IR35 experts caution UK freelance sector over HMRC’s ‘soft-landing’

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Freelancers who incorporate their businesses to become limited companies are being urged to take HMRC’s promise of a ‘soft-landing’ for a new IR35 regime with a pinch of salt.

Firstly, the soft-landing whereby engagers will apparently be helped by HMRC to reflect the complex off-payroll rules correctly, when they bite on April 6th 2021, will only last 12 months.

Secondly, while there will be no penalties in the new regime’s first year, if an end-user gets a freelancer’s IR35 status wrong, HMRC will still demand outstanding tax owed, say experts.

'Red herring'

“And tax liability dwarfs penalties,” warns one such expert, Seb Maley of Qdos, which says end-users will also face the demands if they fail to meet their new obligations under the rules.

“[So while] HMRC insists [in a new policy paper that] a ‘light touch’ will be taken with regards to IR35 compliance when the reform lands on April 6th… this is a red herring.”

David Harmer is another IR35 expert who believes that the “light touch” (stated by HMRC in its Feb 15thpaper) does not reflect the urgency of the potentially taxing situation that looms.

'False sense of security'

“I fear that the ‘soft-landing’ of penalties may lull some into a false sense of security that they need not act immediately – this is simply not the case,” the Markel tax adviser told FreelanceUK yesterday.

“While penalties may not be levied on day one, tax and NI will certainly be sought.”

Matt Fryer, of Brookson Legal, says HMRC’s suggestion in its paper of a soft-landing, notably “supporting customers trying to do the right thing,” makes for “interesting reading.”

Especially, he suggested, when it features alongside eight new IR35 “compliance principles,” one of which reveals HMRC has a new “specialist team” to carrying out compliance activity.


“While penalties may be waived for businesses that correct accidental mistakes, any tax which is discovered to be owed by companies and agencies that have failed to demonstrate ‘reasonable care’ will still be recovered,” Mr Fryer says.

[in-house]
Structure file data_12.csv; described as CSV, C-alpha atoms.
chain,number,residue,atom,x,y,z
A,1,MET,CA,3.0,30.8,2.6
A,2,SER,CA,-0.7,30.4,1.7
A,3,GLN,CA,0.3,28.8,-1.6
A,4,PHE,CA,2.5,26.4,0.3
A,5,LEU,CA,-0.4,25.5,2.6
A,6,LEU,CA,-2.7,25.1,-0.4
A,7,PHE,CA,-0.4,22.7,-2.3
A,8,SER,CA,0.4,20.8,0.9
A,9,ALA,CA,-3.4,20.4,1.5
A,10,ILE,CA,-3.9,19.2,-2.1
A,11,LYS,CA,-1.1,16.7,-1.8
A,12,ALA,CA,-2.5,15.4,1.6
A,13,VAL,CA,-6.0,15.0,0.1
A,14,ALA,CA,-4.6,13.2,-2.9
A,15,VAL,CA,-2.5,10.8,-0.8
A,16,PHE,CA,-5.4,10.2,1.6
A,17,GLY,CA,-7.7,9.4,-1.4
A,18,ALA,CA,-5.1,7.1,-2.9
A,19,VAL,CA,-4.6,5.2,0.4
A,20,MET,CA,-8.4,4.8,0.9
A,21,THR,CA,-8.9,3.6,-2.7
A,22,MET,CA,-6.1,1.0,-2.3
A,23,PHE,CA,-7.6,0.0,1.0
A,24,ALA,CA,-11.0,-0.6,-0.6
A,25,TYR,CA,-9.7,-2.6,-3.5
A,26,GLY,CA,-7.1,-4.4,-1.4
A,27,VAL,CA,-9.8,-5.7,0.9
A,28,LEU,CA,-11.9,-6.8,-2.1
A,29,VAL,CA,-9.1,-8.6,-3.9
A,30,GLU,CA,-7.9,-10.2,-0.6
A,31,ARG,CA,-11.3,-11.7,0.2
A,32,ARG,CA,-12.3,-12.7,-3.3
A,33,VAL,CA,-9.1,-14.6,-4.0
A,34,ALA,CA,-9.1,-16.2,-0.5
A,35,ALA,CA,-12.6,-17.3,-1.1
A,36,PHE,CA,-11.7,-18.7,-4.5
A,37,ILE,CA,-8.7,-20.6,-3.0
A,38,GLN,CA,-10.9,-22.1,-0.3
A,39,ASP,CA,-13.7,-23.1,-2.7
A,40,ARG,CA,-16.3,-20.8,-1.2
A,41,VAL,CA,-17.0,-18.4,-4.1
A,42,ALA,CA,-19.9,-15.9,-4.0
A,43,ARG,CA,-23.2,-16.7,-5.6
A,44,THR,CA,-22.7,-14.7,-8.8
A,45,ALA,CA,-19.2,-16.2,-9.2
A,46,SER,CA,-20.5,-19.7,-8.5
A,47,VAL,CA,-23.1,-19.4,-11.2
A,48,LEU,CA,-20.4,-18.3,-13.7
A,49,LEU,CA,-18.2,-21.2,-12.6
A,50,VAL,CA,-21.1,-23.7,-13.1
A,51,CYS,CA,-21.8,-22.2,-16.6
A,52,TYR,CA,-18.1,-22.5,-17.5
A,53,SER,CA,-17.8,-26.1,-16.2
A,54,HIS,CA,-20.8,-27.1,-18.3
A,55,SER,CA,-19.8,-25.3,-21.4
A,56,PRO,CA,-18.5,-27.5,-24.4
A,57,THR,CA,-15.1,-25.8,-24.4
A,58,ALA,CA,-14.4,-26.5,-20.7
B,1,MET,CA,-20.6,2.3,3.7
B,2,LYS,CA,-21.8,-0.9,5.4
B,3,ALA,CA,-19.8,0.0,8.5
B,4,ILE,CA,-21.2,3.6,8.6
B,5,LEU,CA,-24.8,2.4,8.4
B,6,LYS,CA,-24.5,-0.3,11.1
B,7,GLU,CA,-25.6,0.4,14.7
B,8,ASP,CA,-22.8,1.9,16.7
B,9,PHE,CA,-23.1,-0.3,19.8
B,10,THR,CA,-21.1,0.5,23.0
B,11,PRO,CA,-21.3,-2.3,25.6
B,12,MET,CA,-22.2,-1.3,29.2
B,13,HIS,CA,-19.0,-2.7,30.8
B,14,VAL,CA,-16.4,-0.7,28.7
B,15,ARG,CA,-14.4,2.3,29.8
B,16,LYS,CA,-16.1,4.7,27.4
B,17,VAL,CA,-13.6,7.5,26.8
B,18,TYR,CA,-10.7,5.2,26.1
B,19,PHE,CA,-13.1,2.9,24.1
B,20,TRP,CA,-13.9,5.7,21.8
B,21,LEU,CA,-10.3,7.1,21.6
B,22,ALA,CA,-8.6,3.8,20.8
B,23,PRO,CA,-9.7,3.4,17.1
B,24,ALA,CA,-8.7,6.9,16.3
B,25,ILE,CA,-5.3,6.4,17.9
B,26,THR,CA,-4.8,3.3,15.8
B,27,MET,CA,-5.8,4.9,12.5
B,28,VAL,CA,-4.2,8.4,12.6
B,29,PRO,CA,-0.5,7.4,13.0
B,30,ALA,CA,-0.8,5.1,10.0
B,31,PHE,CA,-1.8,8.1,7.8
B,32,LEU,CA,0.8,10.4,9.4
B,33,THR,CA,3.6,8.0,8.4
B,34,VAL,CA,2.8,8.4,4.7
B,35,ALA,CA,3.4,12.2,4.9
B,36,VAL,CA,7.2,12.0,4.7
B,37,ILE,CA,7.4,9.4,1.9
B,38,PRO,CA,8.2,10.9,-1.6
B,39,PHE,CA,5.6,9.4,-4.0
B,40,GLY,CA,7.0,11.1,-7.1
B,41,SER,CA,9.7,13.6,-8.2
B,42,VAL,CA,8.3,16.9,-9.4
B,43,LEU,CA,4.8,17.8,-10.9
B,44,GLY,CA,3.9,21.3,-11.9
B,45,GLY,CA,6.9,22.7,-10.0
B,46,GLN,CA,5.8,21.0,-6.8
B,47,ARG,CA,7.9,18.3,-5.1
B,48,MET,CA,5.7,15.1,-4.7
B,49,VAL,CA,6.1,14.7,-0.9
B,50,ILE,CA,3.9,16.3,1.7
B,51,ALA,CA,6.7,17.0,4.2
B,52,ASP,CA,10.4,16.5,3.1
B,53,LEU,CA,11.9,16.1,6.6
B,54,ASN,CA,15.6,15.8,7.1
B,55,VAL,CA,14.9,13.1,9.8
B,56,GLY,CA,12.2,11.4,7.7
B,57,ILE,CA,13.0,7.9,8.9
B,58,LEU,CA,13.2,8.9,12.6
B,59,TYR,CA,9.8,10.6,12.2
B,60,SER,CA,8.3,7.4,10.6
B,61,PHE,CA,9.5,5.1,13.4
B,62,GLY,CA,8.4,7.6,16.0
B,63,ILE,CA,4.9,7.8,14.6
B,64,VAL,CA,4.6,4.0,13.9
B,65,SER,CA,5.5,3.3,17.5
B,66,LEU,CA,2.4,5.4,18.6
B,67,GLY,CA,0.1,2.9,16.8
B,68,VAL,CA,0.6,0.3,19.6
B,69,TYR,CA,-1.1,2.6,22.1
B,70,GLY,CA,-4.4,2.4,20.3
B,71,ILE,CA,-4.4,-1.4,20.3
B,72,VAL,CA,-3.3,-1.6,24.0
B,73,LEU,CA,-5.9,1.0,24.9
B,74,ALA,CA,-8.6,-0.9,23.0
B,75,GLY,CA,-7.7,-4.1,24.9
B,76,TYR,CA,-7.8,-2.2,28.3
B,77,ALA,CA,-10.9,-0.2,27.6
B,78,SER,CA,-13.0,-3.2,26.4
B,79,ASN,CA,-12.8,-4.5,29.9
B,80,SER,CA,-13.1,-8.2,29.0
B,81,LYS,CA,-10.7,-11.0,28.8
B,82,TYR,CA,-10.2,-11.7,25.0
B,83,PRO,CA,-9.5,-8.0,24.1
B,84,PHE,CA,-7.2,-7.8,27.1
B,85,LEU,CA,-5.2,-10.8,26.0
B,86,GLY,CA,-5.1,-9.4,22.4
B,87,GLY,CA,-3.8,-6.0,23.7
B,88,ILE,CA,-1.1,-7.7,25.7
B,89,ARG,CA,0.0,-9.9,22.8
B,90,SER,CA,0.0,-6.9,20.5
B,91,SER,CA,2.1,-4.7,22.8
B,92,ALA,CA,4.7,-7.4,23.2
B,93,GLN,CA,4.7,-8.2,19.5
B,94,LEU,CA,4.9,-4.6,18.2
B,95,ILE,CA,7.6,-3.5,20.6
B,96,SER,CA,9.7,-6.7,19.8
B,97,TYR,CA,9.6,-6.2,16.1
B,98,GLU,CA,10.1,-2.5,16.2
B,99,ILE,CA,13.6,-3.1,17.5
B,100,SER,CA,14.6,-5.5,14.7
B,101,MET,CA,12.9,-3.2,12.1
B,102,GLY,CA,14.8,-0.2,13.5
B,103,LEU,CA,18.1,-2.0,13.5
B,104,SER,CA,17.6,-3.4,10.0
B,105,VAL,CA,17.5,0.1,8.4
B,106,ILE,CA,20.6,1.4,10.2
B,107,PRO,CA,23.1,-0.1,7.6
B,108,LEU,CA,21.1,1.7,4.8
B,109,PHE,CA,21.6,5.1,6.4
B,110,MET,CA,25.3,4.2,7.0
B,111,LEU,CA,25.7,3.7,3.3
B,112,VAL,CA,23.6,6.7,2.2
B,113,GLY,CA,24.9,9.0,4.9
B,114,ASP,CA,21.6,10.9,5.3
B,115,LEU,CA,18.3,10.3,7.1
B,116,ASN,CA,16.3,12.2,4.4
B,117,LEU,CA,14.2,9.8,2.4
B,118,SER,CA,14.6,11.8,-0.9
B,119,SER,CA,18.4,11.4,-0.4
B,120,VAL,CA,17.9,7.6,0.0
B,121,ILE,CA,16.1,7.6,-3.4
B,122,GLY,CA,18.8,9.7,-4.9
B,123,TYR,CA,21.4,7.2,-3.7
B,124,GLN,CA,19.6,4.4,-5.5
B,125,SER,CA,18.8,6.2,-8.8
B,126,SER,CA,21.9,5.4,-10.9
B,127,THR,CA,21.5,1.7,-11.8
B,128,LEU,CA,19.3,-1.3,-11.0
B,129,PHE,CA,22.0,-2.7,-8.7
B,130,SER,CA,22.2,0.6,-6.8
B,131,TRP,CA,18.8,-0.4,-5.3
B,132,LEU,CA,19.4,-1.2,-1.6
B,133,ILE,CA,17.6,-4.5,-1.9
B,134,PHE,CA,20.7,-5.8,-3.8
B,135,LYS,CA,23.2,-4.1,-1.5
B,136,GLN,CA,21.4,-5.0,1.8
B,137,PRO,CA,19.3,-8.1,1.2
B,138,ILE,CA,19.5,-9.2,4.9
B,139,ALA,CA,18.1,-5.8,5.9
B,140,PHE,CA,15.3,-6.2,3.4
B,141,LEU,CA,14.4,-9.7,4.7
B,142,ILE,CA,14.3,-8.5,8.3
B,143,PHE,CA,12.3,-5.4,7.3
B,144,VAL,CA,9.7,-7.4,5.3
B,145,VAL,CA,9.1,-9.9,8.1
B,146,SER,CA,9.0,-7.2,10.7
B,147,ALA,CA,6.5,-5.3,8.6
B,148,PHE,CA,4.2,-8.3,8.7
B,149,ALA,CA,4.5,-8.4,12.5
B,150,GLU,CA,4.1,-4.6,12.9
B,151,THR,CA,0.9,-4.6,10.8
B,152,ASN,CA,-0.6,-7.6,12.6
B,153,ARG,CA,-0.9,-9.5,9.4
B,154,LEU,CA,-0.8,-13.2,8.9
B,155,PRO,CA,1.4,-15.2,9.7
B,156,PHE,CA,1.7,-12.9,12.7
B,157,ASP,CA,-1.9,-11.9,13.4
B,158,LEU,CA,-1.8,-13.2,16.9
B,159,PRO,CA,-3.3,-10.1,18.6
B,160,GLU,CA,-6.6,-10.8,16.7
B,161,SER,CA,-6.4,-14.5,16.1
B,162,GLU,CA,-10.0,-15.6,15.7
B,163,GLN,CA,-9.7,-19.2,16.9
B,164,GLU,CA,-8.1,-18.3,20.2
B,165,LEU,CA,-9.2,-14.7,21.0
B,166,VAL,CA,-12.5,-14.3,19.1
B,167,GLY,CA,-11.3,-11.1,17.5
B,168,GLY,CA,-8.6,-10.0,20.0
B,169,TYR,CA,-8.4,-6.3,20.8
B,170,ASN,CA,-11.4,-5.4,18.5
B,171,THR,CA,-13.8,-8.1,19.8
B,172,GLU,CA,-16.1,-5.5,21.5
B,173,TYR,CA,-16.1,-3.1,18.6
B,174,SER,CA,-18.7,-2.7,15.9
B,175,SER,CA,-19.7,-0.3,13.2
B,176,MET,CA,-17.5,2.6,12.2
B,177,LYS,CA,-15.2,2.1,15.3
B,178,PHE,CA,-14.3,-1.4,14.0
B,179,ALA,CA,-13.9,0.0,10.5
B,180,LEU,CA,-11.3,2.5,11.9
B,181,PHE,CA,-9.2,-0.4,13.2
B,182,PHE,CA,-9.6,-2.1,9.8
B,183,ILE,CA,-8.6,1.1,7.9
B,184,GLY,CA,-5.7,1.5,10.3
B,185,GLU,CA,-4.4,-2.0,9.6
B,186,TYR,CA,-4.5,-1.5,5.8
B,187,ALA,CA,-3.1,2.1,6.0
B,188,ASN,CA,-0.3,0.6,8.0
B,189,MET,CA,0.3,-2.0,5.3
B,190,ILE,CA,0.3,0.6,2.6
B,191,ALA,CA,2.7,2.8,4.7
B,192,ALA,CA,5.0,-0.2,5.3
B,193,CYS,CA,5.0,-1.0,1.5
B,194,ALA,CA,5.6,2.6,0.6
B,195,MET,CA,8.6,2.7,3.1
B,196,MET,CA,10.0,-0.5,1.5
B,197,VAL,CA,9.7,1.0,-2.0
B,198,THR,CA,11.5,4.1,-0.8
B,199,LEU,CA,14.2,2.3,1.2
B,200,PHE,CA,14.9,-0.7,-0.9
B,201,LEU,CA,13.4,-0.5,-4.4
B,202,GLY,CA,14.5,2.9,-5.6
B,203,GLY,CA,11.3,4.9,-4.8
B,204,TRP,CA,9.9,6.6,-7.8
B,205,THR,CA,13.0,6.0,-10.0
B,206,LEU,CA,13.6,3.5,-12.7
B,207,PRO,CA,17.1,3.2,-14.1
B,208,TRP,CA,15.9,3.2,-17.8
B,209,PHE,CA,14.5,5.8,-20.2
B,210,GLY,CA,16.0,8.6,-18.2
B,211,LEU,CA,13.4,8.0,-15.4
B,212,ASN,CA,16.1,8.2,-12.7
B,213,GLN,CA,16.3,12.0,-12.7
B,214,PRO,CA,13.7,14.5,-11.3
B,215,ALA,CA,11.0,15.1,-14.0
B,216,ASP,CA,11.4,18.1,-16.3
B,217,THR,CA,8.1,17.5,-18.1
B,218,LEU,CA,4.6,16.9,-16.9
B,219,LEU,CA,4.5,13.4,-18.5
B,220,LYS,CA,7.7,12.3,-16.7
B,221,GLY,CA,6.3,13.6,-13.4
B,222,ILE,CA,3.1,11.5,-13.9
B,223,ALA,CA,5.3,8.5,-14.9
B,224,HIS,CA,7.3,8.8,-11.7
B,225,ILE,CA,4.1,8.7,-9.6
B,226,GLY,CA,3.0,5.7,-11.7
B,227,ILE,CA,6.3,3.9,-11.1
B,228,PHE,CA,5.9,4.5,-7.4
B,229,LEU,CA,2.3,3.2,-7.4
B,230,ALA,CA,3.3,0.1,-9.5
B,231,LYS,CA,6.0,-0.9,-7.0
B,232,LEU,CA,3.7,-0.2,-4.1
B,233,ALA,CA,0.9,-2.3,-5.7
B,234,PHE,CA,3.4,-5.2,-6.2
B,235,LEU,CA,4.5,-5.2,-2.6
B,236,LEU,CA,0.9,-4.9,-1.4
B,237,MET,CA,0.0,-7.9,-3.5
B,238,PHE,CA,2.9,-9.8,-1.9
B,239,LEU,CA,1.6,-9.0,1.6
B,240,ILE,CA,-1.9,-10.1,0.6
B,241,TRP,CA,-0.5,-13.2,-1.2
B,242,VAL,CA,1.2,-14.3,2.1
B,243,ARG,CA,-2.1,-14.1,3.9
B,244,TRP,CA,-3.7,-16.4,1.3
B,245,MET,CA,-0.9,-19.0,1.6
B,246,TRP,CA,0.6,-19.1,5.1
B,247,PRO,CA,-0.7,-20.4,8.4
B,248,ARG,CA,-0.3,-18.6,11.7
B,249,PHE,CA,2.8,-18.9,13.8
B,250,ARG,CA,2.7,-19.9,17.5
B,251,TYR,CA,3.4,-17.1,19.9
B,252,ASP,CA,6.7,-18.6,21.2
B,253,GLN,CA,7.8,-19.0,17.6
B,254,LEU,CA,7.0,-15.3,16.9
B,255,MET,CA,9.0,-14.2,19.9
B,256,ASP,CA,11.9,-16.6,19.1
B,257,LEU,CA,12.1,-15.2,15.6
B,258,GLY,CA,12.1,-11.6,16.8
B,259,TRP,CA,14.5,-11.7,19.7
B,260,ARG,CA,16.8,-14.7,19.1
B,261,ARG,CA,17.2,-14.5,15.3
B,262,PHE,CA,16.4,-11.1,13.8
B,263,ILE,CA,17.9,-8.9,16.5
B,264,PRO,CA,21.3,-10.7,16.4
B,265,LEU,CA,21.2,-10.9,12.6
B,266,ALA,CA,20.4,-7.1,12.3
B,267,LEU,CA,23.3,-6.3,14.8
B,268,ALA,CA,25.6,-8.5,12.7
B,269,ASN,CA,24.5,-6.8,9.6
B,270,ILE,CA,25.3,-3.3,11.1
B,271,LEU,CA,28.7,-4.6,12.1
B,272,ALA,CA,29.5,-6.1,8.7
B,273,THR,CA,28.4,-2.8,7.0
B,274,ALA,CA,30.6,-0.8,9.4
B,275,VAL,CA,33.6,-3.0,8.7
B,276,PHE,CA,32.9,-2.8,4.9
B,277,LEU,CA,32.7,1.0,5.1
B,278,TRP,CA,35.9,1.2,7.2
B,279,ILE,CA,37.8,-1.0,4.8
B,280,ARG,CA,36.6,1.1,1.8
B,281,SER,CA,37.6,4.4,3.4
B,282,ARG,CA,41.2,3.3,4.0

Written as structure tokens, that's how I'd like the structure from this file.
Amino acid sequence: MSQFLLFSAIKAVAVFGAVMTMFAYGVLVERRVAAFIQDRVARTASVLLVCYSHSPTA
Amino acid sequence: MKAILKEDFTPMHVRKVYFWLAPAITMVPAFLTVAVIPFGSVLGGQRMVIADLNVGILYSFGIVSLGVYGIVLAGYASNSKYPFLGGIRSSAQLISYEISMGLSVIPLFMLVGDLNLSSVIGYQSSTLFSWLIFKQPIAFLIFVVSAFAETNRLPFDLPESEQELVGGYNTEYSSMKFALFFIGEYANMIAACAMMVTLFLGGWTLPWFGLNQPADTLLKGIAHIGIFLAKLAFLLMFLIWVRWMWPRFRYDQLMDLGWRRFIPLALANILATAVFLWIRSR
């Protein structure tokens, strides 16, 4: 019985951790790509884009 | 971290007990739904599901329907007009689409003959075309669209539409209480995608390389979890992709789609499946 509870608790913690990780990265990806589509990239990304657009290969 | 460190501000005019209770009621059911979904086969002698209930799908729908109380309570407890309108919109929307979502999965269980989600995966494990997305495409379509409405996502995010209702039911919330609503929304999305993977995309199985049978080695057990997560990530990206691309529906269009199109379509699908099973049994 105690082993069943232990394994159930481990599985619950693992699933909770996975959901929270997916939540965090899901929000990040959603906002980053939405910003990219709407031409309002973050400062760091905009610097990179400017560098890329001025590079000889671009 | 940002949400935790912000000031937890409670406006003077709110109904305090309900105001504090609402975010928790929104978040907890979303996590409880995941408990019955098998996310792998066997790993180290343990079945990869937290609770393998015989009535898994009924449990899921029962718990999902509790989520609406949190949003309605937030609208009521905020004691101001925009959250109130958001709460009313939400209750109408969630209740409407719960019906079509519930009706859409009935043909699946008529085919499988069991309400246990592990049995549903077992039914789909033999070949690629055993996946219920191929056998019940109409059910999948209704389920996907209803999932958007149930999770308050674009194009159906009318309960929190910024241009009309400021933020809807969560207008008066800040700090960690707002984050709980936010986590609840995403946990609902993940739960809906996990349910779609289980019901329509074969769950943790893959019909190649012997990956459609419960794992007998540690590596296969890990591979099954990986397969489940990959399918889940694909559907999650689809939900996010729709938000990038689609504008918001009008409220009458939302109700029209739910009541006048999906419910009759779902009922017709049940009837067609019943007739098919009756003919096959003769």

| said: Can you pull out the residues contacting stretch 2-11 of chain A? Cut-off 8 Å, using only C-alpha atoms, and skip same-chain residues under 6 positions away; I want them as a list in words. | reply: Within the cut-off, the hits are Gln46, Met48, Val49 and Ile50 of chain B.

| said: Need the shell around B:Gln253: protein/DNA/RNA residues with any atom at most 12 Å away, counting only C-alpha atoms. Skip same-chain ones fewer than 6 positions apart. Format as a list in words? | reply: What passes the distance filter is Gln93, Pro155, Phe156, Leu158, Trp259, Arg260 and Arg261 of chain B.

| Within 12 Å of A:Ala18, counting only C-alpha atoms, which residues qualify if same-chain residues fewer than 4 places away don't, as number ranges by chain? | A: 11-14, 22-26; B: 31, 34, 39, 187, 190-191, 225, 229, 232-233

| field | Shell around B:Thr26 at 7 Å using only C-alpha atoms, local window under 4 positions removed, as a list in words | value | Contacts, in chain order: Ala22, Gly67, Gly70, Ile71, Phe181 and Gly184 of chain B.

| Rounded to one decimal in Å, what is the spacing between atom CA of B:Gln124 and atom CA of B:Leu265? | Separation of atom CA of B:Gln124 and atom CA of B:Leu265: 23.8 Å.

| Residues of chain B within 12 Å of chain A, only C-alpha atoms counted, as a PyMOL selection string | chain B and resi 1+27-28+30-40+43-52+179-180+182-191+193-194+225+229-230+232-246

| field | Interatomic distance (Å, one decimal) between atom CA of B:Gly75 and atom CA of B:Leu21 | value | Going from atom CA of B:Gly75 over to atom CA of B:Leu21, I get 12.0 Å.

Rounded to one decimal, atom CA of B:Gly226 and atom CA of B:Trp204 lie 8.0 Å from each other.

“For this reason, I would caution businesses against cutting corners to meet the April 6th deadline.”

Julia Kermode, formerly of freelance body the FCSA, also sounded a cautionary note to any worker or end-client deducing a light-touch by the taxman means hardly any touch at all.

'HMRC will challenge, and take action'

“The premise of HMRC's briefing issued today is to warn firms and contractors to comply with the off-payroll rules,” Ms Kermode, founder of IWORK began in an online post.

“The briefing states that HMRC will help you meet your responsibilities, and will help you correct any mistakes.

"However, they will challenge deliberate non-compliance, and will take action if contractors are engaged through artificial, contrived arrangements which are claimed to avoid the application of the off-payroll working rules”.

'Be afraid; be very afraid'

Status expert Kate Cottrell hoped the policy paper would contain HMRC-promised research into IR35 in the public sector, where a forerunner of the April 2021 framework was introduced in April 2017.

“This was an opportunity for HMRC to publish that long-awaited evaluation,” the former inspector says, referring to the research which the government committed to carrying out almost a year ago, to help smooth the upcoming implementation in the private sector.

The co-founder of IR35 advisory Bauer & Cottrell also told FreelanceUK: “Still no sign of the research yet though. So all in all, and from reading the HMRC policy paper, it’s difficult to interpret what HMRC is saying as anything other than ‘be afraid, be very afraid.’”

In the policy paper, HMRC explains how the new IR35 rules will operate; who will be affected and what to expect from the tax authority, in addition to links to HMRC’s previous off-payroll briefings and guidance, plus new case studies to help illustrate to taxpayers compliance and non-compliance from April 6th.

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